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Stew Lilker’s

Columbia County Observer

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Alarming Climate Change Effects on FL

MIAMI, FL - Managing the Risks of Extreme Events and Disasters to Advance Climate Change Adaptation is out, and none too soon: 2011 has been one of the most costly years on record for extreme weather events worldwide, and the U.S. has had more "billion dollar events" than ever before. Released by the U.N. Intergovernmental Panel on Climate Change (IPCC), the new report reveals that changes in weather patterns and resulting ocean warming will have a direct effect on Florida.

Dr. Harold Wanless, professor and chair of the Dept. of Geological Sciences, University of Miami, co-authored the report. He warns that by the end of this century, regions of South Florida will be uninhabitable.

"There is consensus that Miami-Dade County will be abandoned, basically, by the end of the century. Mumbai will be abandoned - 15 million people, Atlantic City - you name it. With a four- or five-foot rise in sea level, most of the deltas of the world will be abandoned."

The rise in sea level is a result of warming due to carbon dioxide gas released into the atmosphere from burning fossil fuels, Wanless explains. As sea water warms, polar ice melts.

The report reflects the recognition that the changing planetary climate is increasing living creatures' exposure to extreme weather events. By managing risk and boosting preparedness, the report suggests, humans can increase their resiliency to potentially devastating events.

The Obama Administration is working to increase climate resiliency throughout the U.S. However, for South Florida, Wanless says it may be too little, too late.

"South Florida has seen about a 10-inch rise in sea level since 1930. That's about eight times the rate over the several thousand years before that."

Florida Gov. Rick Scott told reporters last year that global warming and climate change are unproven. Scott's office did not respond to a request for comments on the report.

Wanless says the water is lapping at Floridians' feet.

"We're at levels now that we haven't seen for 600,000 years or so; we'll shortly be at levels we haven't seen in over a million years, at which time sea levels were about 100 feet higher than they are today. That's where we're heading."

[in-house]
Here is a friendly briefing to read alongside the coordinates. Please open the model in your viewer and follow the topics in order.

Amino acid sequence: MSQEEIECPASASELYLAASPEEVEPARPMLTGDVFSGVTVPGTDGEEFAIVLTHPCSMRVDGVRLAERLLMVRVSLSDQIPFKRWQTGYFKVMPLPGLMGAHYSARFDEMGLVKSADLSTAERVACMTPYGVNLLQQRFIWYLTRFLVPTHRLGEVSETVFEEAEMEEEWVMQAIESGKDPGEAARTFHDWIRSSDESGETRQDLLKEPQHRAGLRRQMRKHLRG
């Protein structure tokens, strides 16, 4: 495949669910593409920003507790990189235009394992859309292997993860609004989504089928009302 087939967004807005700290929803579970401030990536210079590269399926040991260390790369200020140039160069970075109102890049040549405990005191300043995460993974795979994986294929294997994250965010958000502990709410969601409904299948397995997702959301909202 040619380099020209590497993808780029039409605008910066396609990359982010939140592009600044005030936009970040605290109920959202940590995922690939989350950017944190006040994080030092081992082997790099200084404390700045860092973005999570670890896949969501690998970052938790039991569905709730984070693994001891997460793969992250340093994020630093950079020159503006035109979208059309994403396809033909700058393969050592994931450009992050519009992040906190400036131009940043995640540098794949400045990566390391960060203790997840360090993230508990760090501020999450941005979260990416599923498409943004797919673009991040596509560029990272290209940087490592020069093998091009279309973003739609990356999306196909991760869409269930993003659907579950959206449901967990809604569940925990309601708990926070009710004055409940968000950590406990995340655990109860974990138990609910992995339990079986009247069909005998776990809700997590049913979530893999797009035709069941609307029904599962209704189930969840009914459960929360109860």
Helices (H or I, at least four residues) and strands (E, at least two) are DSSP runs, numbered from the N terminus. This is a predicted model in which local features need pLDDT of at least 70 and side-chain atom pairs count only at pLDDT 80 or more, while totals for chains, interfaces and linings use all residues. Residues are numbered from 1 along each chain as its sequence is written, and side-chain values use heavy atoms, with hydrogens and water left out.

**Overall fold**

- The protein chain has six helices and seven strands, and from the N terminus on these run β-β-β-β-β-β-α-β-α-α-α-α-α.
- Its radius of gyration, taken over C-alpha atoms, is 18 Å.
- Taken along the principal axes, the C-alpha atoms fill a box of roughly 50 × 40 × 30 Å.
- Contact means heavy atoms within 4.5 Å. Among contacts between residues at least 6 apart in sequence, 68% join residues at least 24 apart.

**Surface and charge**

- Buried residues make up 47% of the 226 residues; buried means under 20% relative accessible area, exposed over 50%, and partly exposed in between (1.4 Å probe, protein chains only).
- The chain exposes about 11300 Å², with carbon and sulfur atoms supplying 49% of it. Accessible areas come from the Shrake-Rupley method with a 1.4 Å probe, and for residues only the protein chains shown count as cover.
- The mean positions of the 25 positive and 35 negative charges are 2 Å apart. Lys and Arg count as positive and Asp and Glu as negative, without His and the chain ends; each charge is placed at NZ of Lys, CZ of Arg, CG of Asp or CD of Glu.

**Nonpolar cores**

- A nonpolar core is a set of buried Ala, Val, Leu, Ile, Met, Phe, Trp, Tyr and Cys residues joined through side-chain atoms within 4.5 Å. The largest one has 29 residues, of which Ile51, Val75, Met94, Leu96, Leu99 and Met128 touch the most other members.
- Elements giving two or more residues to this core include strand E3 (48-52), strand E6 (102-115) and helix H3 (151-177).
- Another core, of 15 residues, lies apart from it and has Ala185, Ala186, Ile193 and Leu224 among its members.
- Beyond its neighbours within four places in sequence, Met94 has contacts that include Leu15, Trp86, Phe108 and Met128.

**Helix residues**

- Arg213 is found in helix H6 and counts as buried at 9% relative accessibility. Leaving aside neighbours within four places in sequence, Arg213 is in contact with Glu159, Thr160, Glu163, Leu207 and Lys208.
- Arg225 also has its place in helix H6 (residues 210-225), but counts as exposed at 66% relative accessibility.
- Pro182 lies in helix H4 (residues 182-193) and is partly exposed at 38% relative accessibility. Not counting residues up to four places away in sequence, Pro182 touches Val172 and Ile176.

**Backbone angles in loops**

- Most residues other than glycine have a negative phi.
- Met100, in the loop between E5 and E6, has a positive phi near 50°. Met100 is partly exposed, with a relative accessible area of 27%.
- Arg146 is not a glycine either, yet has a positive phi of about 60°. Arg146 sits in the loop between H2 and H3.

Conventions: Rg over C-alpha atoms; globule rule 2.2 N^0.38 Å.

Wanless says he hopes Scott will get the message, adding that the governor's own home in Naples would be swamped.

Comments  (to add a comment go here)

On Dec 24, 2011 Terry Rauch from Lake City wrote:

     To make statements with no facts to back them is a page from the story "Chicken Little".

     There is consensus that Miami-Dade County will be abandoned, basically, by the end of the century. What facts are they using? To help everybody out "consensus" means: A general agreement.

     Who made this agreement?

     Let's put a little "common sense" in the mix and refer to a 5th grade earth science book. It claims "the earth does not receive water from outer space nor does any water leave the planet to outer space." So we live more or less speaking in a big ball. Water moves around the earth to different places, but it mass never changes. So how will this great flooding happen if the water mass is the same?

     Did it ever cross the minds of the so called elite professors that maybe our springs are going dry because the water from the springs has been pulled by the northern poll and frozen in the Antarctic? Possible? Sure and it's far more plausible than the garbage I am reading from their report.

     From all of the reports I have read over the years of the "global warming" scare, the one thing I can conclude is: The global warming scare will not ever end because if they did, these scientist that have no talent nor abilities to be scientist would have to get a normal job doing physical labor. I wonder if that will be the next scare? Scientist actually have to produce proof to their claims. Theories, hypothesis and postulates are not expectable.

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